"I had used The Scent of Green Papaya in class at ACC," he says, "and I knew a little about Vietnamese film, but otherwise I was learning as I went. There's an infinite richness in Asian film, and I just keep exploring different aspects of it. We've done series on Bollywood, fifth-generation China, South Korean cinema, Japanese movies. Very often these series will be introductions for people, either to a region or a country or a culture, which is our goal. And in this case, it was an introduction for me as well."

<i>The Overture</i>
The Overture

The problem with curating a series like South by Southeast, he says, is that very often films made in countries like Vietnam and Thailand are made for people in Vietnam and Thailand, and film studios and distributors are reluctant to spend money on subtitles because they don't feel that the English-speaking market will be interested enough to justify the investment (meaning there's a whole world of cinema out there that never makes it to our theatres or gets mentioned in our magazines). Nafus often chooses up to 40 titles for a series only to find out that the majority of them have little to no distribution set up in the United States, precluding him from ever getting his hands on a print. He argues that this phenomenon speaks not only to the vitality of these countries' homegrown film industries but also to the increasing indifference many parts of the world feel toward the English-language market in general.

"Originally," he says, "I was going to try to get one film from six different countries in Southeast Asia for a sort of overview, but I couldn't find much on 35mm film with subtitles. There are just very few available films out there.

"It's like when we were doing our Bollywood series [in spring 2005]," he continues. "There was a film I wanted, but the distributor in India told me, 'We have a population of a billion, and we have the Indian diaspora. Why would we bother putting English subtitles on 35mm prints?' And I suddenly felt like I was trying to get an Albanian-subtitled film. I was stunned. We are irrelevant as an English-speaking country. If Asian filmmakers don't want to get into an international festival, they won't even bother with us."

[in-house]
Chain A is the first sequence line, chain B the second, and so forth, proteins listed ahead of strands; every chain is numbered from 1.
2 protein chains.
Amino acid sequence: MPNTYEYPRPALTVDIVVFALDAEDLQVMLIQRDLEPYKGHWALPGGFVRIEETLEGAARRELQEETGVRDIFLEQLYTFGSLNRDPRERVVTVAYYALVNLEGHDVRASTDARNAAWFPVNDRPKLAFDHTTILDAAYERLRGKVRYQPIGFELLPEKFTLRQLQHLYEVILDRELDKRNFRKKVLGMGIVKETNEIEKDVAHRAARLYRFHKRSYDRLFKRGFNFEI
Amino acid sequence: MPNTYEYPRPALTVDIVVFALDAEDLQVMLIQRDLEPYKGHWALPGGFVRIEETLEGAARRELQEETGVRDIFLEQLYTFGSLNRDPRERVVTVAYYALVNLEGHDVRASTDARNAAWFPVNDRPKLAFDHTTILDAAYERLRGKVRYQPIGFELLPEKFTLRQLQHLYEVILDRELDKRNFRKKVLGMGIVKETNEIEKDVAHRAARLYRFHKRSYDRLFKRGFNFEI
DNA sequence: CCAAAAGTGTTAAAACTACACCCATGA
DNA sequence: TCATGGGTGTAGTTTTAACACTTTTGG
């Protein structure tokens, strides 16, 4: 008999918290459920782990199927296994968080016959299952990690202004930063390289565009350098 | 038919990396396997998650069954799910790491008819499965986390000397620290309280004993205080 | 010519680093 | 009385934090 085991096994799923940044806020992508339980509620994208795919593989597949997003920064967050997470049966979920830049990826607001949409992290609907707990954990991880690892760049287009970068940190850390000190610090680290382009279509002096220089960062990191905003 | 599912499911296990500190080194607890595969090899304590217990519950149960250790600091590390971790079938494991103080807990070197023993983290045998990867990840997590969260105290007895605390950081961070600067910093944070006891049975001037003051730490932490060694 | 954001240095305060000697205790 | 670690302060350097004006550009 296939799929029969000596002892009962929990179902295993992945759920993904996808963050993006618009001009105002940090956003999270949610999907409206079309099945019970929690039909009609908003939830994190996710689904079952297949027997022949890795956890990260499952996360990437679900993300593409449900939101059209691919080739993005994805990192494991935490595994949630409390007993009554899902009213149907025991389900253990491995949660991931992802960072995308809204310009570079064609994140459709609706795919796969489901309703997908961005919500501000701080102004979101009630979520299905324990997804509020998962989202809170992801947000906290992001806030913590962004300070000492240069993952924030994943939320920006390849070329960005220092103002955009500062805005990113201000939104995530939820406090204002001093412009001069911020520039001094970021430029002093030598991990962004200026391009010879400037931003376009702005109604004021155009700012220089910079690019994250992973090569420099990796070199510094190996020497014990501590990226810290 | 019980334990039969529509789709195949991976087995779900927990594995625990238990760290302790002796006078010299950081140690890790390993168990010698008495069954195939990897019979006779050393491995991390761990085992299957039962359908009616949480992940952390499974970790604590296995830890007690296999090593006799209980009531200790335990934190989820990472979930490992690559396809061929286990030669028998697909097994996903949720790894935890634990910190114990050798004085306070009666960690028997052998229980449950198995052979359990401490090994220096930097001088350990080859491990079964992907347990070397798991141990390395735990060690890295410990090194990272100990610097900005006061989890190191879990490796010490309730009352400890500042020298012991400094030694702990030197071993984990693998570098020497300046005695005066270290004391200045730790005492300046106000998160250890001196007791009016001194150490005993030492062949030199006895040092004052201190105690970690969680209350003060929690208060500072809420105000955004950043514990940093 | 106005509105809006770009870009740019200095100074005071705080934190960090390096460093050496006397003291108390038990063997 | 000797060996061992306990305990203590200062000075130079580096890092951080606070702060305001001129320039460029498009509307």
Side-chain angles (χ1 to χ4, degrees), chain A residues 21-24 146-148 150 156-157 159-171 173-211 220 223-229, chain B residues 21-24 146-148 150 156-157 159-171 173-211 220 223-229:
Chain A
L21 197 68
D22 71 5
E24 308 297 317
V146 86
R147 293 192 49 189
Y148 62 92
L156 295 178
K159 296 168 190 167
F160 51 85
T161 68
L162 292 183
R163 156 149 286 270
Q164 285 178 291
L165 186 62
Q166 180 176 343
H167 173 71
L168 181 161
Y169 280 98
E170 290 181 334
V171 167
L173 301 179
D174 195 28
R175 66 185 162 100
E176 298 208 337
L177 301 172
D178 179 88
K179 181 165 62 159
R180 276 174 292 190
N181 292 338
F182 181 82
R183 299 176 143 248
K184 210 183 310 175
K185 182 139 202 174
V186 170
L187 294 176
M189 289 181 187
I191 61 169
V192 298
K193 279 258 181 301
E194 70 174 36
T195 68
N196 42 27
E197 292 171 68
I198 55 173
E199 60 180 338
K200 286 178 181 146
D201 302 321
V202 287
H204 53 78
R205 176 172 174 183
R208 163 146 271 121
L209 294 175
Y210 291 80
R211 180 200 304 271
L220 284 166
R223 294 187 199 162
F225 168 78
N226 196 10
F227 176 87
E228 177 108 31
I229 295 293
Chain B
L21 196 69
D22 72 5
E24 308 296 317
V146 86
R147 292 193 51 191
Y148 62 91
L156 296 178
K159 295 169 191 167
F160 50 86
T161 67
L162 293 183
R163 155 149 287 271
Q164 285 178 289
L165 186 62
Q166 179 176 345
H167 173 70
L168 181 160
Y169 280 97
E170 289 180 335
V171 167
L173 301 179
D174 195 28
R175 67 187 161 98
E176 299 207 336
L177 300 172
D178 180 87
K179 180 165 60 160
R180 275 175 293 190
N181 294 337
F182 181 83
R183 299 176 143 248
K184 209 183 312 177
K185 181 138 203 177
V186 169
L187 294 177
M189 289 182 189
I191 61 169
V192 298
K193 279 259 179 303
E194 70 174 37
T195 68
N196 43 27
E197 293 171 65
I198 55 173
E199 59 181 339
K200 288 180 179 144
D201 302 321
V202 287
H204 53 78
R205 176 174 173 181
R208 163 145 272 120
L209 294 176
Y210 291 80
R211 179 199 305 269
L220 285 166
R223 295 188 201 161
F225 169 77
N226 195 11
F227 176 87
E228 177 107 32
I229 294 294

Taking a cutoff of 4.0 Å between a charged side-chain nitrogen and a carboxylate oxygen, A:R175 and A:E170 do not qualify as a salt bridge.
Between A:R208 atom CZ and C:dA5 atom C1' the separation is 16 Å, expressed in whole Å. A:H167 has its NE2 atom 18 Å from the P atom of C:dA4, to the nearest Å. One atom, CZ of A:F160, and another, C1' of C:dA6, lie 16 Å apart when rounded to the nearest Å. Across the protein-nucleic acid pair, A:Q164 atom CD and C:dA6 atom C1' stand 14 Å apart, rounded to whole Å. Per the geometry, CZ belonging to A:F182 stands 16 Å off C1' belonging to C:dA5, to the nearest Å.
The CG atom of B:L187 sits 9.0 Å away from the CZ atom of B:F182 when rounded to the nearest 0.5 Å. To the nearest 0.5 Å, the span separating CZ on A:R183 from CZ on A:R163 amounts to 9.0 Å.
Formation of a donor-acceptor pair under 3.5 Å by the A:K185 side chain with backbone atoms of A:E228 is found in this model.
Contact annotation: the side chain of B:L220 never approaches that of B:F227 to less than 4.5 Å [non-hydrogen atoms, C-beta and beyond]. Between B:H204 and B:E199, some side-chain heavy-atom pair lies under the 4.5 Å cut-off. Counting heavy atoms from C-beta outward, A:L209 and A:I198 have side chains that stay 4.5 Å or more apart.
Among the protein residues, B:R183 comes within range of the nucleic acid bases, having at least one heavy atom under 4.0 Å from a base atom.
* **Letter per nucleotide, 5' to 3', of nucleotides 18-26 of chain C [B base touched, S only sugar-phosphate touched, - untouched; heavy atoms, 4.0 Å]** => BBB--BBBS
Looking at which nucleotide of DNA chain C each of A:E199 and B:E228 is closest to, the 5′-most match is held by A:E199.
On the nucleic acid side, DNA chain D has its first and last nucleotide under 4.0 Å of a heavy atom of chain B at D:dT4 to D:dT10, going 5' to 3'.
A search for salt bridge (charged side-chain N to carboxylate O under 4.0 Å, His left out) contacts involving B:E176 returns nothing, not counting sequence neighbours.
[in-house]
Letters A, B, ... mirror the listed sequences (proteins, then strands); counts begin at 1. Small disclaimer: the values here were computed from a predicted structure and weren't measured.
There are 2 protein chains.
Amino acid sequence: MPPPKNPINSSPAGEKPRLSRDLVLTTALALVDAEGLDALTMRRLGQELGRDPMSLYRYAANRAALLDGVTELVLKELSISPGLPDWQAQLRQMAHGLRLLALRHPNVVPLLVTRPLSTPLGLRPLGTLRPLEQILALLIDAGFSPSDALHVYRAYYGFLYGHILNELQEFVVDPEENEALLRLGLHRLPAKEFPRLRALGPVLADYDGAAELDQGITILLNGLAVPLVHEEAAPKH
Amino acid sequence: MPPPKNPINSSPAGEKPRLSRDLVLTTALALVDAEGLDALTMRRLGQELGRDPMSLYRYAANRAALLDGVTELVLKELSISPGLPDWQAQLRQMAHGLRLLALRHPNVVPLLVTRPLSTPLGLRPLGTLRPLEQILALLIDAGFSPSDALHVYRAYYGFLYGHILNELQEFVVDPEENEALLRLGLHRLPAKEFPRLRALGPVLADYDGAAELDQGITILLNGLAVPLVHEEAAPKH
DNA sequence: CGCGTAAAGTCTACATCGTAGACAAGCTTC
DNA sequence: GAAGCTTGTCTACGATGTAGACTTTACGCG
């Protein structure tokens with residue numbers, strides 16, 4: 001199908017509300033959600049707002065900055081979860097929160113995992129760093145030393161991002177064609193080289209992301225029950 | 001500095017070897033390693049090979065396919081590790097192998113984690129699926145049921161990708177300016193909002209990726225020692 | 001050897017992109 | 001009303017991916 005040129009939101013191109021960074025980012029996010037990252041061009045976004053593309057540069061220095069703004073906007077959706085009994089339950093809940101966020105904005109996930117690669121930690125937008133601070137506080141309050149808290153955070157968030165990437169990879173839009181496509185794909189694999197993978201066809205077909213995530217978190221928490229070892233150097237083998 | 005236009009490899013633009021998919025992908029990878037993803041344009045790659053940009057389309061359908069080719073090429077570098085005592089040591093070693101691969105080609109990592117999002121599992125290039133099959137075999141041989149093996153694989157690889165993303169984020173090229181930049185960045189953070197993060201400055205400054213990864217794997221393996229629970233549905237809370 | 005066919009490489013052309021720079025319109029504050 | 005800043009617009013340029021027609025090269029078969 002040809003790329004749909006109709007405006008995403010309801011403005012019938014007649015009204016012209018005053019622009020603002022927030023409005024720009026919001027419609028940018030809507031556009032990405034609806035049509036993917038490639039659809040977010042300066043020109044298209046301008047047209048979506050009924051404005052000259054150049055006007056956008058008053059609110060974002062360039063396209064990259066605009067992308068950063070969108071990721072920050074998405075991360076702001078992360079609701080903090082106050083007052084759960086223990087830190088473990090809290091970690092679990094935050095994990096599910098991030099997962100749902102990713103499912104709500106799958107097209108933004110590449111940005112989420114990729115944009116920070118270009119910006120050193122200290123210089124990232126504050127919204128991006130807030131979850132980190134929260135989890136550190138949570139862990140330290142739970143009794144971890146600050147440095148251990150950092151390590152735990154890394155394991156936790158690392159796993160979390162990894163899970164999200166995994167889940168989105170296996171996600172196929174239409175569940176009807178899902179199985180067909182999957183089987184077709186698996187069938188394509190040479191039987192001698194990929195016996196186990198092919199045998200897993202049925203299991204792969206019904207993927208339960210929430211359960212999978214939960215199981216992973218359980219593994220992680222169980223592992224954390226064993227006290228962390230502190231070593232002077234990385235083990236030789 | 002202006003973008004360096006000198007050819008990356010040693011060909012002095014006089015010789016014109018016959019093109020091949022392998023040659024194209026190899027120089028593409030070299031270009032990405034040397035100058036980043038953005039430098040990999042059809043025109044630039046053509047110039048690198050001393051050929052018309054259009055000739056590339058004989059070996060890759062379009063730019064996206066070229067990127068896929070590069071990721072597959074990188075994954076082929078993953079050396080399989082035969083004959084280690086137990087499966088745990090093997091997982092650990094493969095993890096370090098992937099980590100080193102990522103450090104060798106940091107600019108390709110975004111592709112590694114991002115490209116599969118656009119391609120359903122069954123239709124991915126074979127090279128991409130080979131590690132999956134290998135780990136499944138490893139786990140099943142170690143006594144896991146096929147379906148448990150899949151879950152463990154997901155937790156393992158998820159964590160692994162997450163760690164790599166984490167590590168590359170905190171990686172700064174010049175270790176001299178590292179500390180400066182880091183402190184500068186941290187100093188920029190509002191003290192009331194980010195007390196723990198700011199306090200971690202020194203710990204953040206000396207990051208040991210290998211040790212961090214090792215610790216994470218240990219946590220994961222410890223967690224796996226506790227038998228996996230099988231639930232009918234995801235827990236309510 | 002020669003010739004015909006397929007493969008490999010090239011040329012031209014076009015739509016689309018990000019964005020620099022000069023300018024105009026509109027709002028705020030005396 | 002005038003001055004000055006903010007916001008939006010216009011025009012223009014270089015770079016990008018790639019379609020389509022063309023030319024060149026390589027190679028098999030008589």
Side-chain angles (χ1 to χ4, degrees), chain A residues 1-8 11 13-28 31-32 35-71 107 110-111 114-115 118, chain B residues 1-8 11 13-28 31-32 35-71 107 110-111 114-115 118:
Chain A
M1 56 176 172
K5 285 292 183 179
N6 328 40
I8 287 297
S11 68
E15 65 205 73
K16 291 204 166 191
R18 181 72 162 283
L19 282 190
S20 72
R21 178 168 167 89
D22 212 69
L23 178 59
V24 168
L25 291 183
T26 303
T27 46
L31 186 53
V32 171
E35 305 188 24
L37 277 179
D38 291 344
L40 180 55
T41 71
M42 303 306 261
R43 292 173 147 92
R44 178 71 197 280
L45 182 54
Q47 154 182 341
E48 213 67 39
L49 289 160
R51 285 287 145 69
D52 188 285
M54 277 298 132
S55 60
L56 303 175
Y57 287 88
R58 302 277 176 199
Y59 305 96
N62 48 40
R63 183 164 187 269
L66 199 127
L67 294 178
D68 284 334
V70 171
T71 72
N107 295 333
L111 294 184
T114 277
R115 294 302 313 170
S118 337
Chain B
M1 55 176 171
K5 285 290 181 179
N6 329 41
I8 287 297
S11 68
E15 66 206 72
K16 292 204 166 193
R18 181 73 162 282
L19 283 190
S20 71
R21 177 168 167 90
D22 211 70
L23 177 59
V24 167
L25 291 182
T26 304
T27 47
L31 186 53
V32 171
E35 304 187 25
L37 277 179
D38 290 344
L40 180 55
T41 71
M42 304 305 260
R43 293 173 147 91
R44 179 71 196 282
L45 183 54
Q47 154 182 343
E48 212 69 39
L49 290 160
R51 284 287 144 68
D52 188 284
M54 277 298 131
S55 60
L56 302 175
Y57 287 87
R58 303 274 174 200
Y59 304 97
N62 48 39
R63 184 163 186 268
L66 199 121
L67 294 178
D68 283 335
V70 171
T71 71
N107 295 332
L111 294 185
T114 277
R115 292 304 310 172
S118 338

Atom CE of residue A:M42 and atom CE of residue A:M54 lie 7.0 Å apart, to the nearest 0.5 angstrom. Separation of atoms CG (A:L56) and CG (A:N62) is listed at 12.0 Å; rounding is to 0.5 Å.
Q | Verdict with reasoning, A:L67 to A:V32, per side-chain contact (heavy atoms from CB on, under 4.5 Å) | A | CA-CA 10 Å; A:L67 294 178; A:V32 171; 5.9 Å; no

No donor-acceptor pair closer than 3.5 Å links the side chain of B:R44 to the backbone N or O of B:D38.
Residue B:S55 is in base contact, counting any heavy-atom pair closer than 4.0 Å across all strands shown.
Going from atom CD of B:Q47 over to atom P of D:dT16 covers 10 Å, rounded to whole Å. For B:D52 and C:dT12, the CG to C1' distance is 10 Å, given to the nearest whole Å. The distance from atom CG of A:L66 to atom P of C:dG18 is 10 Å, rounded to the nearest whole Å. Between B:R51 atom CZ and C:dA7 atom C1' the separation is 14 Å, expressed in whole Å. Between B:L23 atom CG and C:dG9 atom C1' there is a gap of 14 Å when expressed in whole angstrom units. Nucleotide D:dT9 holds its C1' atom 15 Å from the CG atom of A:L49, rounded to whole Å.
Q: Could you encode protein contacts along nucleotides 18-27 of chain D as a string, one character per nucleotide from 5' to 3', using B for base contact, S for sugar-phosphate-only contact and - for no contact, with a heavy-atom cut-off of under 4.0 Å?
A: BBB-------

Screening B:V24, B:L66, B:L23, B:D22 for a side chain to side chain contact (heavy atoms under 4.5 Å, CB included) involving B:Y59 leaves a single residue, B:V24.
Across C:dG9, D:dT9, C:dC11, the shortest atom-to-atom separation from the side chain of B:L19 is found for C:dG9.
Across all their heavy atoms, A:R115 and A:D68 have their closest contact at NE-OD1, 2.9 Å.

In the end, Nafus was able to find six "high-quality, highly cinematic films that communicate more through cinematography and imagery than dialogue," films, he says, that will be a "revelation" for moviegoers. The first movie in the program, The Overture, by Ittisoontorn Vichailak (a film Nafus calls a "gentle introduction to the series"), is the story of a young Thai man struggling to succeed as a traditional musician in a rapidly modernizing society.

The Overture is followed by Vietnamese "eastern western" Buffalo Boy, the story of a young man's coming of age during a long, hard buffalo drive, a sort of Red River set in rice patties; and, then, Ekachai Uekrongtham's Beautiful Boxer, a true story about the rise of Thai boxer Nong Toom, a legend in the ring who had transgender predispositions that caused trouble in both his personal and professional lives. Nafus calls it a "fascinating gender study dealing with the contradiction of a guy who really wants to be a woman but who's involved in one of the most violent, most masculine endeavors in Asia."